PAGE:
29

As of writing this, Donald J. Trump has been elected President of the United States once and has served a total of four years. He has not held the office as President or Acting President after another person was elected. Thus, according to the 22nd Amendment which reads (Section 1, inapplicable parts left out): No person shall be elected to the office of ...


5

Speaking from experience, trying to determine what assets a person has is a pretty long and arduous process (a great example would be the Medicaid look-back period, which does just that). I mean, we're talking about having to list all their property, bank accounts, investments, etc. To say that this is a major pain would be an understatement, not to mention ...


1

Israel's endorsement can be seen as a warning sign: Decades of hard-line Israel foreign policy were unable to make much progress with the pressing issues it is facing. The main successes were sabotage and military interventions. This reliance on superior intelligence and firepower is the logical base of policies that leave the negotiation table, and the ...


8

Because the stimulus checks were intended to mitigate the lost income (and not assets) in the first place? There are few dimensions of being rich or poor and for running your daily life it is the income what is important, not the assets. What's more, a reasonable asset owner may (and is expected to) insure the important assets. Securing the income is harder. ...


3

The article you refer to isn't a general discussion of strategy, it is completely about Sanders. I'd read it as a "hack-job"; it is intended to attack a particular candidate on a topic in which they (are perceived to be) weak. This was written back in February 2020, with a large number of Democratic candidates still in the race. A big issue at the ...


20

In addition to the answer from Italian Philosophers 4 Monica, the US entered a wide, international agreement. According to most experts, Iran largely stuck to their side of the deal until the US left. The deal wasn't all that ex-President Trump might have hoped for, but it was the international framework. Then the US left and tried to make other countries go ...


0

As others have pointed out, the purpose of the investigation is to find details on the circumstances and causes of the attack from a bipartisan point of view. Critics of this move often point out the fact BLM riots, which also caused property damage and deaths, were not investigated and thus, they conclude this investigation is purely political theatre. ...


70

Regardless of the pros and cons of Trump leaving the agreement for, valid or not, issues with JCPOA, this is eroding international trust in the US's capacity to agree to something and then to stick to that agreement. i.e. governments which sign an agreement * with the US are not assured that the US will stick to its end of the bargain, thus making it less ...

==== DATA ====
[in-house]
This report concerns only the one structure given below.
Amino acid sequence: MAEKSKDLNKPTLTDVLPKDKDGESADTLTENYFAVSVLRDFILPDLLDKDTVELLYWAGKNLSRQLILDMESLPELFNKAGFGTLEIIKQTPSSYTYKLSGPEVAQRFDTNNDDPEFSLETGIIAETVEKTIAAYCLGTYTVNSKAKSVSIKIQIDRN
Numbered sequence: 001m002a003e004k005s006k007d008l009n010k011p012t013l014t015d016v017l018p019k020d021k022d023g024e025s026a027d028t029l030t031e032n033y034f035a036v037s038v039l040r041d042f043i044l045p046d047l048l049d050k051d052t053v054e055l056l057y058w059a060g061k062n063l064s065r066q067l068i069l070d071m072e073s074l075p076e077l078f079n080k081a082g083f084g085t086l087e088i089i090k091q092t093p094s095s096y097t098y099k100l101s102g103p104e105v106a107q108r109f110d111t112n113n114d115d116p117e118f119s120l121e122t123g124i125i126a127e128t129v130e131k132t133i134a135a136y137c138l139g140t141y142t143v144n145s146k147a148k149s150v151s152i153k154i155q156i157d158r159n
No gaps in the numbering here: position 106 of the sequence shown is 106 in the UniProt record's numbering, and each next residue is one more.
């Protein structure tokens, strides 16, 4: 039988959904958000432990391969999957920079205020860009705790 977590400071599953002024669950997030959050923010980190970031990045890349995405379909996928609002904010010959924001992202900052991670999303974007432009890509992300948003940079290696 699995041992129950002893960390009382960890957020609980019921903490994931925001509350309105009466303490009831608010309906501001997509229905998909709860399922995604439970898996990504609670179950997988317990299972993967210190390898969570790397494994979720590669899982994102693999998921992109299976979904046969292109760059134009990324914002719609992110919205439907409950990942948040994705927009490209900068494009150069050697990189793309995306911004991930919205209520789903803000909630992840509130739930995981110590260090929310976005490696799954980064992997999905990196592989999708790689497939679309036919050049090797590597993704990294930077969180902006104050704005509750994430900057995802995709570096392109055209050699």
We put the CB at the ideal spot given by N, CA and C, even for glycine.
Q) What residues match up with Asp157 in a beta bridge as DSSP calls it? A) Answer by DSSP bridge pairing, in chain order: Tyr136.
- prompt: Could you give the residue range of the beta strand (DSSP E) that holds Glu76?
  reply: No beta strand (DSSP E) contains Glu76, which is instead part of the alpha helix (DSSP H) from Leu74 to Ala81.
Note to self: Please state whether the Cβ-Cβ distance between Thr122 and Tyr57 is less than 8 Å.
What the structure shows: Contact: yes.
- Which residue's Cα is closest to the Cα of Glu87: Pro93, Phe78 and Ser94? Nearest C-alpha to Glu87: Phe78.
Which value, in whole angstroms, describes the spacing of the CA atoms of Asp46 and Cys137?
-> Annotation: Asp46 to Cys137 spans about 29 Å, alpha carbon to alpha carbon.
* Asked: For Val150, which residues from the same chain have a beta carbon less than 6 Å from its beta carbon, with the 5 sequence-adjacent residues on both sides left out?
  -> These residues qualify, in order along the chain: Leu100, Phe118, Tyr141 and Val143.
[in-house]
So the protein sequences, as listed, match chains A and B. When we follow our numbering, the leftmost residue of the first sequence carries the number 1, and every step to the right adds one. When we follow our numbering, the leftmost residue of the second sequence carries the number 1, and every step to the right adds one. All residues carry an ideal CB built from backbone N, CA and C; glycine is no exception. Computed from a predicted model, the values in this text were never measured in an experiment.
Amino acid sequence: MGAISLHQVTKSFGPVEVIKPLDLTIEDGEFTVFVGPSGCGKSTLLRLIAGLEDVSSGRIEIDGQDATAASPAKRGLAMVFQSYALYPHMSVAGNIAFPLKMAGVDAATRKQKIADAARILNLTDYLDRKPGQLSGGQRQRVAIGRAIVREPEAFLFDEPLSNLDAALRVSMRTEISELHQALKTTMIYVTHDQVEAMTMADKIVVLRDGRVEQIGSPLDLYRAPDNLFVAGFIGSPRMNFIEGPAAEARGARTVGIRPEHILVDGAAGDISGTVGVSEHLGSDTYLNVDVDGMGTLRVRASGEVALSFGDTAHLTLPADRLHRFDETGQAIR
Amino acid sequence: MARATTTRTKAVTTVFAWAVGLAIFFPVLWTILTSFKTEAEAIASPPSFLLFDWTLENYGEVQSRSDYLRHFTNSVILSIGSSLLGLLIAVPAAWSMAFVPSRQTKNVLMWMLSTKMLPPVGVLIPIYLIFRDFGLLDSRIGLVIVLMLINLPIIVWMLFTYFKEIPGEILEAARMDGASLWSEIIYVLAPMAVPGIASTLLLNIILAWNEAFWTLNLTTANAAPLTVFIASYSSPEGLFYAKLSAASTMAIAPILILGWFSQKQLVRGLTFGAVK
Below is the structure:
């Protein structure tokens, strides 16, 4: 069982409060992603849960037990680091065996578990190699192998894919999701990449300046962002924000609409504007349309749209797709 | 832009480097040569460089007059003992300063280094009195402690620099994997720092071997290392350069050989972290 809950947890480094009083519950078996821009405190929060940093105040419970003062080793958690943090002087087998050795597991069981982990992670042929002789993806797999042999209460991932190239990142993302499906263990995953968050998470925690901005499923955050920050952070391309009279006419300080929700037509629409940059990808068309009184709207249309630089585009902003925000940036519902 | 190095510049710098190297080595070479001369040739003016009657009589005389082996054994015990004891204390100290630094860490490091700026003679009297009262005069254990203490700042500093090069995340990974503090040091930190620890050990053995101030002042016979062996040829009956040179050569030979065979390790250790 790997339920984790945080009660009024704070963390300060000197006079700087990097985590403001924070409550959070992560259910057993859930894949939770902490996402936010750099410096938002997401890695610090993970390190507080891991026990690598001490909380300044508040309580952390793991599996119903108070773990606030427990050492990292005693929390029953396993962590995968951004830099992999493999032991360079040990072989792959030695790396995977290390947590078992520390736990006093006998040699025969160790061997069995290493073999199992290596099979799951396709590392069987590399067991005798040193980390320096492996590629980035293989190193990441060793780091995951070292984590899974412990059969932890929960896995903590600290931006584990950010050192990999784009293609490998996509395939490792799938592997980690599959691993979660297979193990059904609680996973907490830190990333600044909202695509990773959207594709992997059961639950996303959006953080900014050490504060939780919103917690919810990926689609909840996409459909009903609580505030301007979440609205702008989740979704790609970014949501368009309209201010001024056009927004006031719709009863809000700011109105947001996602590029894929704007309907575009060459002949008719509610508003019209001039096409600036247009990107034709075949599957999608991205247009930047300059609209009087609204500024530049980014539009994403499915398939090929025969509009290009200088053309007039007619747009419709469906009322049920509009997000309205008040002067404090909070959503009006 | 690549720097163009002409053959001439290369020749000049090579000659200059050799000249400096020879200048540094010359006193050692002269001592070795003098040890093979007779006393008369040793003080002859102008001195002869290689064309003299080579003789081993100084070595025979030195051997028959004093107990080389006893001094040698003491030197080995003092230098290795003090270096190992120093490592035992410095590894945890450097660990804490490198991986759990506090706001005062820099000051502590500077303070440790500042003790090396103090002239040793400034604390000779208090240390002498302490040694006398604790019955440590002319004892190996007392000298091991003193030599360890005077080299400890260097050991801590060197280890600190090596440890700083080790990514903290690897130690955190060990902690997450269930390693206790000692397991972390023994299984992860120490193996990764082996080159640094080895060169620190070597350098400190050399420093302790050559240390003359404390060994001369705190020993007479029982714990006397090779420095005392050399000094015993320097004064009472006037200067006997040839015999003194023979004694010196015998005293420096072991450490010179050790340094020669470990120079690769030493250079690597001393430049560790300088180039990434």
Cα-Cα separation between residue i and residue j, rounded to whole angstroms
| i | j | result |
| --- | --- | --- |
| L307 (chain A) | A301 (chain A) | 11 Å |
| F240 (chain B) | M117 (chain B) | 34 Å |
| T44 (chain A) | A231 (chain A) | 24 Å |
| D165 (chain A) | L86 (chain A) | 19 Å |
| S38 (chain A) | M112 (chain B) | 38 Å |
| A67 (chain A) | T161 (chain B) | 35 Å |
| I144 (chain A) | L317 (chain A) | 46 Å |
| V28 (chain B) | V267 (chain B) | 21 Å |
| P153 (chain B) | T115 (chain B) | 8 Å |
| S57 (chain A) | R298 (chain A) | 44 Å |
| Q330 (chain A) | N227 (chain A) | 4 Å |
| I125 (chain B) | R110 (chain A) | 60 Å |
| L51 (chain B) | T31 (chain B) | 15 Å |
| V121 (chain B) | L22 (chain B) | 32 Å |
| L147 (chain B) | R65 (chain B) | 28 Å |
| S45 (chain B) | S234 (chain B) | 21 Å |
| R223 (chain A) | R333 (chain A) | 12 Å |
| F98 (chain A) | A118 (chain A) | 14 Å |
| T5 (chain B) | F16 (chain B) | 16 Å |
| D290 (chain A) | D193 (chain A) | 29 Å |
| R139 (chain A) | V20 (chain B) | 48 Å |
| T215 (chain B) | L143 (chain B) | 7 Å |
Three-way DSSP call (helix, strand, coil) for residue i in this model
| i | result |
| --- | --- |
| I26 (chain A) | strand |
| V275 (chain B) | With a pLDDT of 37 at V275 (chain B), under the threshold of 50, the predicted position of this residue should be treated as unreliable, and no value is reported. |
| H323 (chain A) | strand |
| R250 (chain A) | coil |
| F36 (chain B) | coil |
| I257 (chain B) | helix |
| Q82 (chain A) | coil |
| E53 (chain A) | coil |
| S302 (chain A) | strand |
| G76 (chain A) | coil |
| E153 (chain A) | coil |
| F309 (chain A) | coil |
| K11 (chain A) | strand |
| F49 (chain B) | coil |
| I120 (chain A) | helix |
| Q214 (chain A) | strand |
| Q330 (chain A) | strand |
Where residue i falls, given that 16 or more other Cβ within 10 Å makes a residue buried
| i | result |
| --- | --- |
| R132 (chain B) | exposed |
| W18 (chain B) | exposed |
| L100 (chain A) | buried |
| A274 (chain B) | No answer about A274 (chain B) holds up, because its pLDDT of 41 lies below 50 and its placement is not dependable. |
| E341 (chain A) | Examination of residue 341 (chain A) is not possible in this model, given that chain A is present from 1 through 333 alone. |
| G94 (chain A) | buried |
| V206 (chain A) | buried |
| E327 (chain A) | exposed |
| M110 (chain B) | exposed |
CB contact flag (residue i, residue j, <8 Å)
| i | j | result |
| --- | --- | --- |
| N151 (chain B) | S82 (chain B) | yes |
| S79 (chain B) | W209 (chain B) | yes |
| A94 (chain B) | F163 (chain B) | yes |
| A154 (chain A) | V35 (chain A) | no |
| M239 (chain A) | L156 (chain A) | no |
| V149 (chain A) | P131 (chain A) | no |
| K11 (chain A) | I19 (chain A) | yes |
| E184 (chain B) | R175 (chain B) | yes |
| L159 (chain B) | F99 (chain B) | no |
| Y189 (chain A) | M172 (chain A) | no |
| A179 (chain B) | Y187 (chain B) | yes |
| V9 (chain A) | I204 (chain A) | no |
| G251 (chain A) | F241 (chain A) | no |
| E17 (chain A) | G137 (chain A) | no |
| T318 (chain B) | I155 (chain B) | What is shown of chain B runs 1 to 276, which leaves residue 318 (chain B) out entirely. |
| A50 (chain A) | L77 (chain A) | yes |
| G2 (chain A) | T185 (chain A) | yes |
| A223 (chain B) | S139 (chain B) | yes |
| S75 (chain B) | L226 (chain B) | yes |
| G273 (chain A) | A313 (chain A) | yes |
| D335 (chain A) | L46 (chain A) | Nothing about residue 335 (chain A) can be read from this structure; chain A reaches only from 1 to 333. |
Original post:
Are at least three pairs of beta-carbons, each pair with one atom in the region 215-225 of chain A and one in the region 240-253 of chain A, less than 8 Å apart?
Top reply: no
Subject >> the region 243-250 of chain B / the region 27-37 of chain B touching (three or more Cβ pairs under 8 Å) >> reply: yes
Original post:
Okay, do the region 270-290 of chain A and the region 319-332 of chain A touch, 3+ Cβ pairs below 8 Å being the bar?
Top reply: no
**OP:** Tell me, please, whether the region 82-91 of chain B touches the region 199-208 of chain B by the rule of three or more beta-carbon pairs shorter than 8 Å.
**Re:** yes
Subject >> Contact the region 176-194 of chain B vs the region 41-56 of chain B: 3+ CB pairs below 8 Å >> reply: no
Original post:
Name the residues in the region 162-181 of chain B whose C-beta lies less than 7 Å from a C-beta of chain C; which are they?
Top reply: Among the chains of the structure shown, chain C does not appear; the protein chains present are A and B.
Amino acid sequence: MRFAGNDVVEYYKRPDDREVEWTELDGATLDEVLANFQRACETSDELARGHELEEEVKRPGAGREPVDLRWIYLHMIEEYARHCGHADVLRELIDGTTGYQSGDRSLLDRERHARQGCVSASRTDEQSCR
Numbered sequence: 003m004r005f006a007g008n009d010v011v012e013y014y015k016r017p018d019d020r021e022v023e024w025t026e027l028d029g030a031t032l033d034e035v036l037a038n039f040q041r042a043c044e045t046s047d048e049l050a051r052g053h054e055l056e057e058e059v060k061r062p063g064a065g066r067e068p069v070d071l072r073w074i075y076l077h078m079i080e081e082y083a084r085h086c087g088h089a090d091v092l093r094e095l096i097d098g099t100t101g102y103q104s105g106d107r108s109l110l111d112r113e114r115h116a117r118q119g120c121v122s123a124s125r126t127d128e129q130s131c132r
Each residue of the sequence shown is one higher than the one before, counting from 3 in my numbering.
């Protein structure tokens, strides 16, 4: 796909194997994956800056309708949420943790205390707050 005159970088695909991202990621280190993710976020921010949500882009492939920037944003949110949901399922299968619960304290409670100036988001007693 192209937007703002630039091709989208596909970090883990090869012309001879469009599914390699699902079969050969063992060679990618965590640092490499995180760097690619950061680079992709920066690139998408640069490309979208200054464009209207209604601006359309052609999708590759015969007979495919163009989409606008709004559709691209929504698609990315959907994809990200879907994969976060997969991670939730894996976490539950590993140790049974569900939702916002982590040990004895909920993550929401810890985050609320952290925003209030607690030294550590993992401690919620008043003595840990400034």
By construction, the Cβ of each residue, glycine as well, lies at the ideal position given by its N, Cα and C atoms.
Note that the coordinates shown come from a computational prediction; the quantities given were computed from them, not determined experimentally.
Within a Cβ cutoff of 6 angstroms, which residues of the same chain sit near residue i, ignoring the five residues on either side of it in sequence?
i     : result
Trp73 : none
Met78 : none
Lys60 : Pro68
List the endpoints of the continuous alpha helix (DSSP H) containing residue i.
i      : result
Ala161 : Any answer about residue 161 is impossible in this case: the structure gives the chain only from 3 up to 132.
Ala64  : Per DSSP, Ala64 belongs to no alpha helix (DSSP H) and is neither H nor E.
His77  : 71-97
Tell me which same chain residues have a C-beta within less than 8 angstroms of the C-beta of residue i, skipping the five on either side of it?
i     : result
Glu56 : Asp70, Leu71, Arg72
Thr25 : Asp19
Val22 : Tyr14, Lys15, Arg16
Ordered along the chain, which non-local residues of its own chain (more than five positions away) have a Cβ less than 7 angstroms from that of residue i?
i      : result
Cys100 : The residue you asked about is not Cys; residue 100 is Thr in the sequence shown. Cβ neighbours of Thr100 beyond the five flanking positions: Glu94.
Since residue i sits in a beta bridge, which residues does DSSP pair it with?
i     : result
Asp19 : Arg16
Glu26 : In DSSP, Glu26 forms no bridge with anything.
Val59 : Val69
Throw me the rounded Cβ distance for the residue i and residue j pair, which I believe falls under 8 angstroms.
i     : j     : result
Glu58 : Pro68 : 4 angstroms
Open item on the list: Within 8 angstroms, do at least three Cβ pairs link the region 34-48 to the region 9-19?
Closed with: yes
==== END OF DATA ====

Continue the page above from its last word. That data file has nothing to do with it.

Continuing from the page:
47

(This is mostly a repost of my answer to the now deleted question.) Iranian President Rouhani is a moderate (by Iranian standards) who took a risk signing the Joint Comprehensive Plan of Action (JCPOA) with the US, the EU, and others. Let's look at some background on the deal first: From the Iranian standpoint, the deal made sense because it provided ...


0

Personally I think it is indeed strange/unfair not to take assets into account with a program like this. However there examples of other government-based welfare which only look to income. In the Netherlands for example access to public housing is only tied to to income, not assets. Also various contributions you have to pay to schools and childcare only ...


1

Almost every committee and panel in the U.S. House and the U.S. Senate has a majority of members who are members of the majority party in that House of Congress. While it is customary for the seats to be divided in proportion to the number of members in the chamber, as a practical matter, "dominance" is purely a matter of having a majority of seats....


5

The list is, officially, eighteen positions long, illustrated here (with a typo). It goes: Vice President Speaker of the House of Representatives President Pro Tempore of the Senate Secretary of State Secretary of the Treasury Secretary of Defense Attorney General Secretary of the Interior Secretary of Agriculture Secretary of Commerce Secretary of Labor ...


15

Whether it's justified or not is not really a question that can be answered objectively, but it's impossible for Speaker Pelosi to force Republicans to participate if they don't want to. Initially, Congressional Democrats pushed to create an independent, bipartisan commission (modeled on the 9/11 Commission) to investigate. Such a commission would have been ...


15

When one party boycotts the panel - yes. In the case of this particular commission, the minority party decided that they didn't want to advance any candidates at all. This is tacit permission for the commission to be populated according to the majority party's preferences. Legislative bodies operate via negotiation, but if any part of the body decides to opt ...


15

There are several reasons that have been mentioned individually but they all tie together in the end. Assets may not have liquidity. What I mean by this is you may have a decent amount of money in assets such as your house, car, retirement funds and other such things. However none of those are readily available to be spent for day to day necessities. As an ...


104

In Policy, You Have To Choose The Error You're Going To Commit In Logic, there are recognized two types of error: Type I errors - The False Positive - is when you think something meets criteria that it does not. Type II errors - The False Negative - is when you think something that meets the criteria, fails them. No matter how well you think you've ...